A Token Initiative?


After expressing its absolute solidarity to the LGBTQ community in the country through its breakthrough episode on alternate sexualities in its fourth season, “Satyameva Jayate” is back again with another initiative to keep the momentum continued.

This time Satyamev Jayate’s initiative is of engaging with Transgender people under the same title “Accepting alternate sexualities” (could be mistaken between sexuality and gender identity).

Not knowing about the whole process of the program it would be unfair on my part to express all kinds of opinions, hence I would limit with my primary observations I have after reading the content they have published in the link here.

Below, I present excerpts of the descriptive part of the initiative, along with my observations.

“With this thought, we encourage you to invite a hijra / transperson to your home or a place of your choice for a cup of coffee or even a chat – “to a place of your choice or your home”: Why not go to the particular Hijra’s or Transperson’s place? Are transgender/hijra people’s places not so worthy for a cisgender person to get into?”

Should one not go into the transgender person’s space and world to know them and understand them? How superficial can it get, when one belonging to a community which has thrown away transgender people and ostracised them for so long, now wants to engage with them, but still expects them to come to their preferred place and meet. Does this mean a cisgender person’s preference is the superior one, isn’t it?

“Anam Prem’ will get in touch with you to facilitate this and make it a comfortable experience for everyone:” “Comfortable to both of you”- how strategically would the planning be made to make this happen? With so much of strategy and planning would it be a meeting where they freely engage and talk with each other? ‘Comfort’ is such a subjective notion, I don’t understand how it will be dealt with.

A cisgender person who enters into the transgender person’s space (though this doesn’t seem to be the plan), might feel uncomfortable at lot of instances not because he/she hates them, but because of the conditioning they have been through and could be because this is their first such interaction. I believe that it is an important and essential discomfort and one must use this opportunity to outgrow from one’s own inhibitions. Facilitating is all fine but I don’t understand what kind of comfort is being referred to, in this context.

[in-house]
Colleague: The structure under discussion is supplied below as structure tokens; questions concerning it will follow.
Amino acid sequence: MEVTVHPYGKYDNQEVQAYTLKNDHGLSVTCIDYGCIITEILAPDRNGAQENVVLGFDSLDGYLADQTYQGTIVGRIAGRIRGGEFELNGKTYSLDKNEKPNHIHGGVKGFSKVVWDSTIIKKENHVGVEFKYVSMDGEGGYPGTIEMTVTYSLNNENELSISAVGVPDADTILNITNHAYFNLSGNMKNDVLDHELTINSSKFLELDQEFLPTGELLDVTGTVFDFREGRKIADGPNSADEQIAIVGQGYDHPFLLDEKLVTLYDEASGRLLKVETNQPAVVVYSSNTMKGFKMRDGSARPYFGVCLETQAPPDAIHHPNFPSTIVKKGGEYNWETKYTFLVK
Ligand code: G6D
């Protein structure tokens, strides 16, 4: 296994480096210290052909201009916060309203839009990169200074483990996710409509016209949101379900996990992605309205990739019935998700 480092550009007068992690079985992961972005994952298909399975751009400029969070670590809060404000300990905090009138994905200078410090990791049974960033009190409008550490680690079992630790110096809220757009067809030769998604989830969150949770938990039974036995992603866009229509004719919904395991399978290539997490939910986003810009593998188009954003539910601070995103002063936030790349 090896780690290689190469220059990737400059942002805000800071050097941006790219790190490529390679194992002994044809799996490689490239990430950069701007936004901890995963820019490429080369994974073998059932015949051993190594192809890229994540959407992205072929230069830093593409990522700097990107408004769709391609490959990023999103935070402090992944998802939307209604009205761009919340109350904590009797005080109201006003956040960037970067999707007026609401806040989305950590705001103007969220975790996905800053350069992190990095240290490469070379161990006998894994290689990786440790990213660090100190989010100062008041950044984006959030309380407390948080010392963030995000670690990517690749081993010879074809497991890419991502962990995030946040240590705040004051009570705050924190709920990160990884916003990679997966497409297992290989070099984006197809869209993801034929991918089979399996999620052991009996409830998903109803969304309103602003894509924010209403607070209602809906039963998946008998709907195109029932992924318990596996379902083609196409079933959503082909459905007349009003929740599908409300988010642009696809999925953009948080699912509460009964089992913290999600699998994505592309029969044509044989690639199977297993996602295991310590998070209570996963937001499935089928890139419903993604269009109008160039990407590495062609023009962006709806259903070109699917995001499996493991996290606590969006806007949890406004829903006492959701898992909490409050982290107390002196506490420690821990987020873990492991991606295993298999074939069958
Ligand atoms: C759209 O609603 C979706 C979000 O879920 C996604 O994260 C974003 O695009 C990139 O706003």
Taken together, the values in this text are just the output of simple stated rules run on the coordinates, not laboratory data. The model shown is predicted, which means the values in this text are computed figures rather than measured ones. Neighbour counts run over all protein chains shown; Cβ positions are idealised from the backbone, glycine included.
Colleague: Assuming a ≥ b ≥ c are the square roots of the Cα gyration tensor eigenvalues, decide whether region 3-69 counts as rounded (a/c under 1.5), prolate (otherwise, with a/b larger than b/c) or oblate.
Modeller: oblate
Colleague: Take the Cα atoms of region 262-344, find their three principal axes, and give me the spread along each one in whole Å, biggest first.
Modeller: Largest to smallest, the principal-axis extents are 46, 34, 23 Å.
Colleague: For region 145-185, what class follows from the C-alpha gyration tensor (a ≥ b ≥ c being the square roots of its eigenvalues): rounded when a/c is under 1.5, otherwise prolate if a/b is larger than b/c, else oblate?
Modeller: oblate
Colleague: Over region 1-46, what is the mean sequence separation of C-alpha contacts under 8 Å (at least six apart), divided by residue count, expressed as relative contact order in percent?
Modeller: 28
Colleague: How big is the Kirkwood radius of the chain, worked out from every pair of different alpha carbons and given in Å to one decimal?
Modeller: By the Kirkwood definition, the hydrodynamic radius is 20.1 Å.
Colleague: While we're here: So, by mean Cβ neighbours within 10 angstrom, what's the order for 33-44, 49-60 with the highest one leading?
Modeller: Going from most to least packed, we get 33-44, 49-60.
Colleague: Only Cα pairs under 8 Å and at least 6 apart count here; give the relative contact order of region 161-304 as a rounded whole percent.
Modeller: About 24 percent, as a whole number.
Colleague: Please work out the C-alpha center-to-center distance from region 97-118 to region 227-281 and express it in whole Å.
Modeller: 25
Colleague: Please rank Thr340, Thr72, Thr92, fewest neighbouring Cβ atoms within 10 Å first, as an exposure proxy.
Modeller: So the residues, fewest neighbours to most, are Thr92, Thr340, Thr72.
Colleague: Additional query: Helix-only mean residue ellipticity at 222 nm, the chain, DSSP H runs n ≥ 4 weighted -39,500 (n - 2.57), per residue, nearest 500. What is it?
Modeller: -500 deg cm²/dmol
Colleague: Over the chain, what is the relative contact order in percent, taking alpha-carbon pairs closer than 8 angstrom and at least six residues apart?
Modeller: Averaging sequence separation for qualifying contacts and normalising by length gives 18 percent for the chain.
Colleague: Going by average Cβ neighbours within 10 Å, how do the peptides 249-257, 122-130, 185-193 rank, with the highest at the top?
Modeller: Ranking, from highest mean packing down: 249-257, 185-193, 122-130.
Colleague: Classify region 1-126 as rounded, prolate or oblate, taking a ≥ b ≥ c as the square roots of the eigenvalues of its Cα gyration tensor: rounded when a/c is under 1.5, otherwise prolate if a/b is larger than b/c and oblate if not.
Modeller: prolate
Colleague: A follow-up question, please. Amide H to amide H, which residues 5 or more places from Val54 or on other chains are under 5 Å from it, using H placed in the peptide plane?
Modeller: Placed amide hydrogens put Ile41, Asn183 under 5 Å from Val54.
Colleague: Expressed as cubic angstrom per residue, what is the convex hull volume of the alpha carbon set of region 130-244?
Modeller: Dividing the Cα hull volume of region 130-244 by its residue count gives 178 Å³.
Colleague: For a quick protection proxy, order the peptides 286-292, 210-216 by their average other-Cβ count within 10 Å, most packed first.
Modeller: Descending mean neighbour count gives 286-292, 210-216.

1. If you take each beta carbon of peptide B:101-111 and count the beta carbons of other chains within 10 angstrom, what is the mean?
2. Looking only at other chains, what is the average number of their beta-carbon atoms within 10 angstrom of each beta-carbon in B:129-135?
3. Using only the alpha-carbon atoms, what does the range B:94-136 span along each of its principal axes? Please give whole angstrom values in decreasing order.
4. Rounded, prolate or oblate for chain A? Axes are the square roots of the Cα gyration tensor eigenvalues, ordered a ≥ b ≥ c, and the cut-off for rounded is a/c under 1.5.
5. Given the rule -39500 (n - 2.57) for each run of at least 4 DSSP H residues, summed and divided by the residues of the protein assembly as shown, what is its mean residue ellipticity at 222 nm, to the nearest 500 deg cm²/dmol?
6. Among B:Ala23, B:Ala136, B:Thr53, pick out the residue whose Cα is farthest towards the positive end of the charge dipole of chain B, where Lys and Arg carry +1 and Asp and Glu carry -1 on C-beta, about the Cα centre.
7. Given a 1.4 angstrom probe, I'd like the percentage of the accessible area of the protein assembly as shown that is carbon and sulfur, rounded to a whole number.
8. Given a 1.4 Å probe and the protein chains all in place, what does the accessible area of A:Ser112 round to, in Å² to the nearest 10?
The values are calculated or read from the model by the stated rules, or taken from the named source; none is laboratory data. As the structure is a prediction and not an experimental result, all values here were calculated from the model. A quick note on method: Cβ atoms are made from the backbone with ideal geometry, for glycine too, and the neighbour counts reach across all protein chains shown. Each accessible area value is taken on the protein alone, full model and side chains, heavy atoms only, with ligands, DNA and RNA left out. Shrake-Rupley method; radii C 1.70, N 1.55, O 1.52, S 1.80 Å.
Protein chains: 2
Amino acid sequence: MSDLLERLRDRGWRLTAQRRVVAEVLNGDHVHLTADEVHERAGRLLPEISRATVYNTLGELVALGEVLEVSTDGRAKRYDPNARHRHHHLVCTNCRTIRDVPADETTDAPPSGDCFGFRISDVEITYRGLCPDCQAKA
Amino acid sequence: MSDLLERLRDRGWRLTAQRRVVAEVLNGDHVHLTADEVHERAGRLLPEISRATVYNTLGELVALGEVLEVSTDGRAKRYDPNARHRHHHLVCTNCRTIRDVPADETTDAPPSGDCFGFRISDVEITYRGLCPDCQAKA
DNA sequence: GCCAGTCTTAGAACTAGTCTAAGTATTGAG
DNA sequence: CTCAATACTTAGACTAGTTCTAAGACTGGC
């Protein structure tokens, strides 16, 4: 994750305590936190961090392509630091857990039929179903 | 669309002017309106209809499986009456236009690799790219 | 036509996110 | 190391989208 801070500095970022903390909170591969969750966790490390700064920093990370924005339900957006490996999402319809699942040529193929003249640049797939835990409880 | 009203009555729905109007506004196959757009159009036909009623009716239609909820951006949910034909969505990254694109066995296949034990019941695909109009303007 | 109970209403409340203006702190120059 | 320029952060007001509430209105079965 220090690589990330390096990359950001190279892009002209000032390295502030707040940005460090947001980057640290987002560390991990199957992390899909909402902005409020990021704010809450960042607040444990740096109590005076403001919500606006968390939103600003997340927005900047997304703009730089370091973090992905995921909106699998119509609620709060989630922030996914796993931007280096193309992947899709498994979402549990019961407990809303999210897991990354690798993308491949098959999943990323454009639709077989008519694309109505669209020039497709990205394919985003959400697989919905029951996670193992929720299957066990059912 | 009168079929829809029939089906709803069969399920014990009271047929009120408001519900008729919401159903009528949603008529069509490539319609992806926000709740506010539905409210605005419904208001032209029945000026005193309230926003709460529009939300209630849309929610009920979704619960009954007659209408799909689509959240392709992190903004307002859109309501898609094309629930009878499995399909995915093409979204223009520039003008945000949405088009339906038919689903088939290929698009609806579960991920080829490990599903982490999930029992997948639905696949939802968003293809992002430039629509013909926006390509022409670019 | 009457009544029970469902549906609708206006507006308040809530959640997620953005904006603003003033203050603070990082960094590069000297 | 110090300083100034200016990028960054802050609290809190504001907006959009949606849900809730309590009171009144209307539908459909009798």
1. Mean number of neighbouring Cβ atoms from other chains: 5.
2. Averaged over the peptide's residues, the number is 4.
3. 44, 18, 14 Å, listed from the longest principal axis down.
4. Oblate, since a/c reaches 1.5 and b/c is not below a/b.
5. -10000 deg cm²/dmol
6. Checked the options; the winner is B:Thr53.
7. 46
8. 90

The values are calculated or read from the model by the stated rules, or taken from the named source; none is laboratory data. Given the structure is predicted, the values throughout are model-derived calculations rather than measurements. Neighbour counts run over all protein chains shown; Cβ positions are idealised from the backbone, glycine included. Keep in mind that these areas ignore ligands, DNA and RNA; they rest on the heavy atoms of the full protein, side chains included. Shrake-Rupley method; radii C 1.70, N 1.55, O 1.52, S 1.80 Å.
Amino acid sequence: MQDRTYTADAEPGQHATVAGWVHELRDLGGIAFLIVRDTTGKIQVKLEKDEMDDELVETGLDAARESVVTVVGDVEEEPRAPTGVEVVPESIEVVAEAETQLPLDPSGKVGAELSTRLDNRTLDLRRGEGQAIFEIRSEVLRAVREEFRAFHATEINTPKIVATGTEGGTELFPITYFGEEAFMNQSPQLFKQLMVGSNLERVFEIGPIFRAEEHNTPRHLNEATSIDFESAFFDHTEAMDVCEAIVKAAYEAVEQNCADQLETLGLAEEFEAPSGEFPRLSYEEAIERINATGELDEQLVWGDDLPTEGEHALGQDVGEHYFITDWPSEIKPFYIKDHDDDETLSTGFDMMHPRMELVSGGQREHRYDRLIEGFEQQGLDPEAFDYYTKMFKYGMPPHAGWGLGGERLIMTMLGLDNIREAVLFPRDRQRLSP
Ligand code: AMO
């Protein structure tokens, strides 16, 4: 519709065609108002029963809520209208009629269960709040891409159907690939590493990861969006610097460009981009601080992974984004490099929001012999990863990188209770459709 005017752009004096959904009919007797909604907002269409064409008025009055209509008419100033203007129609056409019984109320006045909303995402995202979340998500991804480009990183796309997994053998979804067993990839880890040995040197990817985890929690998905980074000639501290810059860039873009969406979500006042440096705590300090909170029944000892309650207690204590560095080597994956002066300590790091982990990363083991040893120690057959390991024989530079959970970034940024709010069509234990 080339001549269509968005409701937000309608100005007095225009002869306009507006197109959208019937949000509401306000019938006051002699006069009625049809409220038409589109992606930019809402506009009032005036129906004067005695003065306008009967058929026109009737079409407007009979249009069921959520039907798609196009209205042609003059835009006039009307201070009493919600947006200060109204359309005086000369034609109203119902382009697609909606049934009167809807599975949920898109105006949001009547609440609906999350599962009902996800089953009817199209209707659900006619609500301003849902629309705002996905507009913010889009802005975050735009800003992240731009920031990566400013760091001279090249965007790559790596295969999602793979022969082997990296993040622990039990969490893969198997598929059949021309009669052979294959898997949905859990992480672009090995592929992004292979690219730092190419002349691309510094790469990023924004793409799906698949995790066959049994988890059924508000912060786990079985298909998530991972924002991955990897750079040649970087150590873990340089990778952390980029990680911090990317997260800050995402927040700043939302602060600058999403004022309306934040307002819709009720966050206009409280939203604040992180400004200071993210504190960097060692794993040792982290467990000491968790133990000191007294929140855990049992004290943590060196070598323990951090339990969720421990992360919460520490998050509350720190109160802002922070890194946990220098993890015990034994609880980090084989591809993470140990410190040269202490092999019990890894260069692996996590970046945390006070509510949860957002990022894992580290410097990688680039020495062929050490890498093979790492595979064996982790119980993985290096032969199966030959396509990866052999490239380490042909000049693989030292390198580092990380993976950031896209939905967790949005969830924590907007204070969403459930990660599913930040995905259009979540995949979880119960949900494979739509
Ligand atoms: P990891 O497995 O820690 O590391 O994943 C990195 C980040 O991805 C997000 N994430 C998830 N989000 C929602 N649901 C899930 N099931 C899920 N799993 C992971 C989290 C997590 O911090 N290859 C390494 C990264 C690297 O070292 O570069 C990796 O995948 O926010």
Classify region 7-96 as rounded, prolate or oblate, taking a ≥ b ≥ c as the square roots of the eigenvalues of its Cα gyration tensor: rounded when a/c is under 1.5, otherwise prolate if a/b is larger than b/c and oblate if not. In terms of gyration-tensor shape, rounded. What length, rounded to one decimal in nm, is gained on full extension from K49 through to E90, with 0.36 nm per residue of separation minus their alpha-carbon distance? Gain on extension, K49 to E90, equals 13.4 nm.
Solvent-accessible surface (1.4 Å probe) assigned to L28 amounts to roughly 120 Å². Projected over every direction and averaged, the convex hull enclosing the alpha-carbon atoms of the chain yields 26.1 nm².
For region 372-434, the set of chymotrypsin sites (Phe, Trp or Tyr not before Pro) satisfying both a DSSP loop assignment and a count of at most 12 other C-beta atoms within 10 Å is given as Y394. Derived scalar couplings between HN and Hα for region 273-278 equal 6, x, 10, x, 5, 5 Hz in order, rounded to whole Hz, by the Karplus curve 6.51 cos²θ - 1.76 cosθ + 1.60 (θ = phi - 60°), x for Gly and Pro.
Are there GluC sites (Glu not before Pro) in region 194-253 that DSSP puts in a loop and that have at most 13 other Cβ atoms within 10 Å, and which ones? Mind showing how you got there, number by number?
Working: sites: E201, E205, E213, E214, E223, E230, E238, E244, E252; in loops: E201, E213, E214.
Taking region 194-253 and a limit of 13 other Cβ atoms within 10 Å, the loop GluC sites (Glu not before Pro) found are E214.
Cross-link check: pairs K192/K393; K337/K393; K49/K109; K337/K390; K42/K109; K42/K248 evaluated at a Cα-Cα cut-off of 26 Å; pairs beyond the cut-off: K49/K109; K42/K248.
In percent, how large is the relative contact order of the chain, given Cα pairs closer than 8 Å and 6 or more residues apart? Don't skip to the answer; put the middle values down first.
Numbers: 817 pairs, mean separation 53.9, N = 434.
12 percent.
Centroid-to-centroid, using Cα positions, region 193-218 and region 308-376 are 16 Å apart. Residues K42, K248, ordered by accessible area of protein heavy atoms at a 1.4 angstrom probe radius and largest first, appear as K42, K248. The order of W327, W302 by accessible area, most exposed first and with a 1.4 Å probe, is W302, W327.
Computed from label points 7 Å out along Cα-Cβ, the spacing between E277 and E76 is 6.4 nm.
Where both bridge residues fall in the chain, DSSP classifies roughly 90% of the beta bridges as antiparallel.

“Break the stigma and take a step towards”: This move seems less of a step towards the transgender people, and more about getting transgender people towards cisgender space, to their comfort, to their world and make them feel philanthropic and charitable towards transgender/hijra people.

With the amount of stigma and taboo that prevails in society about transgender people, the one initial meeting could be an opening door for a cisgender person to engage with their inhibitions, discomfort, and misunderstandings but I am sure that one meeting wouldn’t be enough to help to overcome a conditioning of decades in total.

Saying this, I wish to make it clear how important it would be to make sure having a right plan in place for a constructive change to happen.

Other critical aspects:

Relationship building: It is a slow, gradual, step-by-step process, it cannot be all about knowing Transgender people, and they aren’t subjects to be learned. As much as it is important for a cisgender to overcome his/her inhibitions, it is equally important for a transgender person to be able to trust a person from cisgender community, which has been responsible for culturally, systematically and structurally perpetuating violence on transgender/hijra community. How would this be taken care of?

A cautious and harmless space of engagement: As already said that transgender people are no subjects to be learned about and cisgender people come with inhibitions, how would it be taken care that this particular engagement with a cisgender person wouldn’t end up emotionally hurting the transgender person, intentionally or unintentionally because of the insensitivity or ignorance that the cisgender people can (unconsciously) come up with?

Without having answers for these questions, there is very less clarity of what positive change this program can bring. Having said all this, it is visible that this particular initiative has a terrible patronizing tone of having privileged cisgender people dialoguing with transgender people without any understanding of their own cisgender privilege, which results in the marginalization of transgender community.

I completely understand and appreciate their kind and good-hearted intention. But I really hope and expect them to invest some more thought before they come up with this kind of an initiative and think about the serious adverse implications they can have (irrespective of their intention). Without much more serious thought and answering the above questions, this would remain an initiative of tokenism.